kijinmen 鬼神面
KEY WORD : art history / sculptures
Kijin masks. Masks representing gods who dispel evil, animal spirits, and Buddhist deities, particularly as used in the *nou 能 theater. All kijin masks have an exaggerated sense of violent movement, large ears, and metallic gold eyeballs and teeth. Within the kijin mask category, there are several sub-categories: *ootobide 大飛出 (bulging eyes) are strong gods with visible tongues, open mouths, and eyes that pop out; *oobeshimi 大べし見 are demons with clenched mouths; *ooakujou 大悪尉 are fierce, old men. Other types include the deity *tenjin 天神, the devilish *shigami 顰, the lion *shishiguchi 獅子口 and the Chinese fox *yakan 野干. While the types of kijinmen used in the no theater were mostly produced and perfected in the Kamakura period, the first kijinmen can be found before nou theater began. Precursors to nou kijinmen were used in rituals to exorcise evil spirits and sickness gyoudoumen 行道面. The strong clenched mouth of oobeshimi and the sticking out tongue of ootobide probably date back to such rituals and functioned as devices to scare away evil spirits. Influences of older traditions can be seen: ootobide and tenjin hark back to Chinese-derivative bugaku masks *bugakumen 舞楽面, tenjin and ooakujou are influenced by dragon masks, and oobeshimi and shishiguchi derive from gigaku masks *gigakumen 伎楽面 of the guardian spirits, *Kuron 崑崙 and *Rikishi 力士. Many of the kijinmen are attributed to Shakuzuru Yoshinari 赤鶴吉成 (15c). Shikami is attributed to Yasha 夜叉(15c). See *jissaku 十作.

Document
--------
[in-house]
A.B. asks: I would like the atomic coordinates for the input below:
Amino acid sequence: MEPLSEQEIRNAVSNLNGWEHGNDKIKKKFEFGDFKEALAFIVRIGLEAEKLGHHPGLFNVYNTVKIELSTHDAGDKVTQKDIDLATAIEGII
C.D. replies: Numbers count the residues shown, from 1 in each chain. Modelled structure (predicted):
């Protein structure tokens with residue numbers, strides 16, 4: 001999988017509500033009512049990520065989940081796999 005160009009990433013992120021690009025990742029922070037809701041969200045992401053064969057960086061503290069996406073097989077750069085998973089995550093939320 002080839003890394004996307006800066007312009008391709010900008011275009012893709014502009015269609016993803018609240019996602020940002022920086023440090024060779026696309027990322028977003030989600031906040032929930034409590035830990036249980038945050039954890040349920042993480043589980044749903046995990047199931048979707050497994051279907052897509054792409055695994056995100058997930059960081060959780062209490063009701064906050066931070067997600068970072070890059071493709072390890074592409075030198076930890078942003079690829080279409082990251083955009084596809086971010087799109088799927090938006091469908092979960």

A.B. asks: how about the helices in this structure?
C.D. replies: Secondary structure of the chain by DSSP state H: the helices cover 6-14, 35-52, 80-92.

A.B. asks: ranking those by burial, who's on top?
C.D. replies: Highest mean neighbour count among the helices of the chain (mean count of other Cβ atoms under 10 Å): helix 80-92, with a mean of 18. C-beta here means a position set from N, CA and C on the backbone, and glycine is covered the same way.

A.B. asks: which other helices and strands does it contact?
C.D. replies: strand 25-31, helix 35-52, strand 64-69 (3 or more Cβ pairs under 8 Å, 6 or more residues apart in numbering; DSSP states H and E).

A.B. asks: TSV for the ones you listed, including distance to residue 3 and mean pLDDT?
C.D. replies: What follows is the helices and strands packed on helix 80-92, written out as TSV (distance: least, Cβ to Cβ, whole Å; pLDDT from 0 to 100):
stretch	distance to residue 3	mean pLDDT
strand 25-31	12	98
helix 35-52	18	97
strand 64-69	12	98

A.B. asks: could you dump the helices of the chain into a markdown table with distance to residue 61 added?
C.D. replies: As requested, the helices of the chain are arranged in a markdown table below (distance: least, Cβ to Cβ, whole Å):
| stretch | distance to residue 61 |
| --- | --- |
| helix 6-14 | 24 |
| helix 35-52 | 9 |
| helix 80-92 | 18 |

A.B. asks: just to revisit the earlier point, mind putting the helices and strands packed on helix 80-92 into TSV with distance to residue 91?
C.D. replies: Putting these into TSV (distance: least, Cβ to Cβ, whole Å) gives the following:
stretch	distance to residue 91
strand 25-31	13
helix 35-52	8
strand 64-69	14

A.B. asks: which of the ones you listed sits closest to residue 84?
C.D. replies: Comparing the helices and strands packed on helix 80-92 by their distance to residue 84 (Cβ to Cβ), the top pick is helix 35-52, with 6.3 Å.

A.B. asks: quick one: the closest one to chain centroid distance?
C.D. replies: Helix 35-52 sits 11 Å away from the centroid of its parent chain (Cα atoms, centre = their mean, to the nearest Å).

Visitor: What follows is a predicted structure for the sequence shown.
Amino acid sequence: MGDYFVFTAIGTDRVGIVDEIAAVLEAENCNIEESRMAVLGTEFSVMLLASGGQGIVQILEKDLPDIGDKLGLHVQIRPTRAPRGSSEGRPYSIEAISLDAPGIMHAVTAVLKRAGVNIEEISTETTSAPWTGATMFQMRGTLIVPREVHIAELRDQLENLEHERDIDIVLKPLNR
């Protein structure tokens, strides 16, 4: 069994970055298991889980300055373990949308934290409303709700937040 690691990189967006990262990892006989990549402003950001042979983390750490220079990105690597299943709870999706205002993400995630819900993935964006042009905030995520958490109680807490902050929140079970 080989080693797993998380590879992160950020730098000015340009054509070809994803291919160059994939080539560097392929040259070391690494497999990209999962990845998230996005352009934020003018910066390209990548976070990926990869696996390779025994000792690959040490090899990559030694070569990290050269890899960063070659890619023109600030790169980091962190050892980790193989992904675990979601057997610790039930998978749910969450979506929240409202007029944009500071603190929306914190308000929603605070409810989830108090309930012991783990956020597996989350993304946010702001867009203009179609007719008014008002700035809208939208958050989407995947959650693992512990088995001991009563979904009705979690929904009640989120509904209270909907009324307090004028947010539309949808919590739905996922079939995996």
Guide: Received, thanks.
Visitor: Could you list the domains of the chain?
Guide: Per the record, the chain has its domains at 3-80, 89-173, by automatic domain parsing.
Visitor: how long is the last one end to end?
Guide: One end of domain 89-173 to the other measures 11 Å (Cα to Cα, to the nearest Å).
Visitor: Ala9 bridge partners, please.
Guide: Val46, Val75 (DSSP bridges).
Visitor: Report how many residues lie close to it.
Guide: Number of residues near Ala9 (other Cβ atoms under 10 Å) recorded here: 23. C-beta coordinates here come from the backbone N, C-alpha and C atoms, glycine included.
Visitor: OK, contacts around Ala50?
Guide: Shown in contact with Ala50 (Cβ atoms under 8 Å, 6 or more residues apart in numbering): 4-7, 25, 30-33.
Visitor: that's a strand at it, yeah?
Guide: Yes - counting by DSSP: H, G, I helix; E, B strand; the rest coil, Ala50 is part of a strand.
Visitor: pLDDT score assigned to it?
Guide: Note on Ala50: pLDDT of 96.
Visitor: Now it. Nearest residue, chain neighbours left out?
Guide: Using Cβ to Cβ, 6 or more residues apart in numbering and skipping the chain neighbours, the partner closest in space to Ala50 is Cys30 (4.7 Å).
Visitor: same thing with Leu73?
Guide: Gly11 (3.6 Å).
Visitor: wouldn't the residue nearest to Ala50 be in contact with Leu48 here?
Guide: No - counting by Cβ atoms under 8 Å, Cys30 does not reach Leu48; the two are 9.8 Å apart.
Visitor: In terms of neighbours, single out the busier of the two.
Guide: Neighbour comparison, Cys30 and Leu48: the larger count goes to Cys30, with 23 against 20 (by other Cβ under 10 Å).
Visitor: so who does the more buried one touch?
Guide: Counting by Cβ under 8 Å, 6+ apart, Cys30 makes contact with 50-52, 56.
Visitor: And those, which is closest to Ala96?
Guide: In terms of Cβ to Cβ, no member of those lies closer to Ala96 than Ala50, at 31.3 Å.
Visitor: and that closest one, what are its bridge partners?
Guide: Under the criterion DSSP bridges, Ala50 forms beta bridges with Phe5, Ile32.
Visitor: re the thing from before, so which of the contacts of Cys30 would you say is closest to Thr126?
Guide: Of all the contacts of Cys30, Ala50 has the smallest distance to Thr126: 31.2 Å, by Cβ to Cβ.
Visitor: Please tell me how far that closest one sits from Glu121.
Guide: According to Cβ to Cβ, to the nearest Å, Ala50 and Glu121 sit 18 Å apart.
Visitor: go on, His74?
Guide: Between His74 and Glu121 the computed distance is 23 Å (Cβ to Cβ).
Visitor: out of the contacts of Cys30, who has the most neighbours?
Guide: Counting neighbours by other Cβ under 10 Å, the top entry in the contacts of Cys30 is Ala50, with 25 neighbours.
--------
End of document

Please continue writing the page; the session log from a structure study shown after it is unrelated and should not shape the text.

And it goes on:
*noumen 能面

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